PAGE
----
I grew up as a landowner's son. But I don't think I ever realized the proper interrelationship between the landowner and those who worked on a farm until I heard Dylan's record, "I Ain't Gonna Work on Maggie's Farm No More." So I come here speaking to you today about your subject with a base for my information founded on Reinhold Niebuhr and Bob Dylan.
One of the things that Niebuhr says is that the sad duty of the political system is to establish justice in a sinful world. He goes on to say that there's no way to establish or maintain justice without law; that the laws are constantly changing to stabilize the social equilibrium of the forces and counterforces of a dynamic society; and that the law in its totality is an expression of the structure of government.
Well, as a farmer who has now been in office for 3 years, I've seen firsthand the inadequacy of my own comprehension of what government ought to do for its people. I've had a constant learning process, sometimes from lawyers, sometimes from practical experience, sometimes from failures and mistakes that have been pointed out to me after they were made.
I had lunch this week with the members of the Judicial Selection committee, and they were talking about a consent search warrant. I said I didn't know what a consent search warrant was. They said, "Well, that's when two policemen go to a house. One of them goes to the front door and knocks on it, and the other one runs around to the back door and yells 'come in'." I have to admit that as governor, quite often, I search for ways to bring about my own hopes; not quite so stringently testing the law as that, but with a similar motivation.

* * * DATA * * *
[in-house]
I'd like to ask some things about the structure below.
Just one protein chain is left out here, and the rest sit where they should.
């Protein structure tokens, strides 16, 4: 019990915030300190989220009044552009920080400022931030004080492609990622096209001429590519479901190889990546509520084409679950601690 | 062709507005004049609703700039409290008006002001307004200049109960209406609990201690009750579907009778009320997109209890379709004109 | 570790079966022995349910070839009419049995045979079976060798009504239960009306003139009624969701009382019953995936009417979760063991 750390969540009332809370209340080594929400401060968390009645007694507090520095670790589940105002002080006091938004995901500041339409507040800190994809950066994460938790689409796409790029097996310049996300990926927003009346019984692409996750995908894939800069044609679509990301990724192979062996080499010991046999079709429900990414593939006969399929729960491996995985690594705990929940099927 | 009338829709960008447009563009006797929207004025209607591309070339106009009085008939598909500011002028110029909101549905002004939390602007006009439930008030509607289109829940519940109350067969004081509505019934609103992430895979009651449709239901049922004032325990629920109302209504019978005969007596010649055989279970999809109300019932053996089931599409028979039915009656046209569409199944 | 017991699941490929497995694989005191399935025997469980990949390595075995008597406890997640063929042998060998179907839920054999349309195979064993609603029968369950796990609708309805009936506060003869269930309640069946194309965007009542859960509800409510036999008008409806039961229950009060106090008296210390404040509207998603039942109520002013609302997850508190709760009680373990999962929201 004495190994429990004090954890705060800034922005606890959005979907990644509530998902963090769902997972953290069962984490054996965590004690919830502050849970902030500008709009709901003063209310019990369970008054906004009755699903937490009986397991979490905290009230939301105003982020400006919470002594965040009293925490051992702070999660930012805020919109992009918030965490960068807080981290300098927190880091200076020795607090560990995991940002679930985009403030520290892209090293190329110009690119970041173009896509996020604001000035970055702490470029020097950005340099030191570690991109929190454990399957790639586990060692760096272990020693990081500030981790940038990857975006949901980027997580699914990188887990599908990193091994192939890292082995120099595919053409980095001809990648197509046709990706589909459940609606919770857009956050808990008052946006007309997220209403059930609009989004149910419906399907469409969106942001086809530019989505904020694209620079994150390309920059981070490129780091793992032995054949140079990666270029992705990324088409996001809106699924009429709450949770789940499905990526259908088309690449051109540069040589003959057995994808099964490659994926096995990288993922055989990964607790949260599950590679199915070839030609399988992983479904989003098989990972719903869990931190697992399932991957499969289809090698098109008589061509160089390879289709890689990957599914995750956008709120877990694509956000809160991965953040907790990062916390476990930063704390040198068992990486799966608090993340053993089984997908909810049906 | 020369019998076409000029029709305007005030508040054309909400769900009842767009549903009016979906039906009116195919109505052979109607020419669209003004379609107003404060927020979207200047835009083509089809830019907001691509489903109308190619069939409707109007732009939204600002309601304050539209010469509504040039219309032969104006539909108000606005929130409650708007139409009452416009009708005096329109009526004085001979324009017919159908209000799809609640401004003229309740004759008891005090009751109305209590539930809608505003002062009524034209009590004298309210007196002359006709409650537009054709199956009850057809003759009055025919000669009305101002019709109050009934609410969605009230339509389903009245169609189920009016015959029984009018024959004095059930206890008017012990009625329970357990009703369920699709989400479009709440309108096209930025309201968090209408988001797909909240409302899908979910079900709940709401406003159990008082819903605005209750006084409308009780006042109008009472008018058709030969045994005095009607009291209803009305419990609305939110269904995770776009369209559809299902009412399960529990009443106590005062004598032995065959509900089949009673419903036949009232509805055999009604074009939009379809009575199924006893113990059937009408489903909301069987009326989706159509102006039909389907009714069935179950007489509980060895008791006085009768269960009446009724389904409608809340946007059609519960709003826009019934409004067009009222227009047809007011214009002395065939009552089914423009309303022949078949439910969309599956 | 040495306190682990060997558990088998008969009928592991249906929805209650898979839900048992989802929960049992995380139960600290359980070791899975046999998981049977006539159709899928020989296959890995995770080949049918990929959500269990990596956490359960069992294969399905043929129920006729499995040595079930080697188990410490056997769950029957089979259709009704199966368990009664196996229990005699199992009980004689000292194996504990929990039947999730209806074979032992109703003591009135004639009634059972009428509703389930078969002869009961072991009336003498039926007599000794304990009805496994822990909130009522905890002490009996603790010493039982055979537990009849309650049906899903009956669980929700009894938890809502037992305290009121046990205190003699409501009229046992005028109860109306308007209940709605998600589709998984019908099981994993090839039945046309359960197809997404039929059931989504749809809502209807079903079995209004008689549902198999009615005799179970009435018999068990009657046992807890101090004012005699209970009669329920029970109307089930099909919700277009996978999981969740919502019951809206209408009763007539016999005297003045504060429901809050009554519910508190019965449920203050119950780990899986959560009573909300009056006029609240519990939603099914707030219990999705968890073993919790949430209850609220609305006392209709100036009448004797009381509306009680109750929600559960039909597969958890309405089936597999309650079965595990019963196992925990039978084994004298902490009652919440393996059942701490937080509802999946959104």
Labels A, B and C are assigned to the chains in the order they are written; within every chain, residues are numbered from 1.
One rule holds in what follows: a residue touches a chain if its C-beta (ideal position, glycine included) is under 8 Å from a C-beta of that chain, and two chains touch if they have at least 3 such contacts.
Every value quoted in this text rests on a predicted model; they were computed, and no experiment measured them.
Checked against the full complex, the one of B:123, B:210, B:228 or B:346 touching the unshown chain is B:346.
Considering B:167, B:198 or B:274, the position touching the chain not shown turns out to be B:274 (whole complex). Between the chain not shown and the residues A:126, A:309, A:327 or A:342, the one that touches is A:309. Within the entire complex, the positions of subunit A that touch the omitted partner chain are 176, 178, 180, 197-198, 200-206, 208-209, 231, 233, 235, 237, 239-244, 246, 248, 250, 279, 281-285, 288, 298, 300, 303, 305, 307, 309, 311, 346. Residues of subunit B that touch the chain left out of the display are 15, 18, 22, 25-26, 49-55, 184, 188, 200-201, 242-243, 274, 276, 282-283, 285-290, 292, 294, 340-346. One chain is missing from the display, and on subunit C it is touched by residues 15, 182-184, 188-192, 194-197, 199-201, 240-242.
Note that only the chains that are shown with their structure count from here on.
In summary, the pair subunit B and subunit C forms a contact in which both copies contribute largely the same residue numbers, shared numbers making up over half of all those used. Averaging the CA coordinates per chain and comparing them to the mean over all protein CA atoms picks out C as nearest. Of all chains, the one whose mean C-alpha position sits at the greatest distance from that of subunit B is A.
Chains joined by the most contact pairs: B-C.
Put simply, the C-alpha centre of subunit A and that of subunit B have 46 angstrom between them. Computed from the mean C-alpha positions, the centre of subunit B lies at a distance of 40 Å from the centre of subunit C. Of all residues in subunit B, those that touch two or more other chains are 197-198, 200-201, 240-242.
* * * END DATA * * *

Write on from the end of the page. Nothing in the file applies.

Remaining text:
I would like to talk to you for few moments about some of the practical aspects of being a governor who is still deeply concerned about the inadequacies of a system of which it is obvious that you're so patently proud.
I have refrained completely from making any judicial appointments on the basis of political support or other factors, and have chosen, in every instance, Superior Court judges, quite often state judges, Appellate Court judges, on the basis of merit analysis by a highly competent, open, qualified group of distinguished Georgians. I'm proud of this.
We've now established in the Georgia Constitution a qualifications commission, which for the first time can hear complaints from average citizens about the performance in office of judges and can investigate those complaints and with the status and the force of the Georgia Constitution behind them can remove a judge from office or take other corrective steps.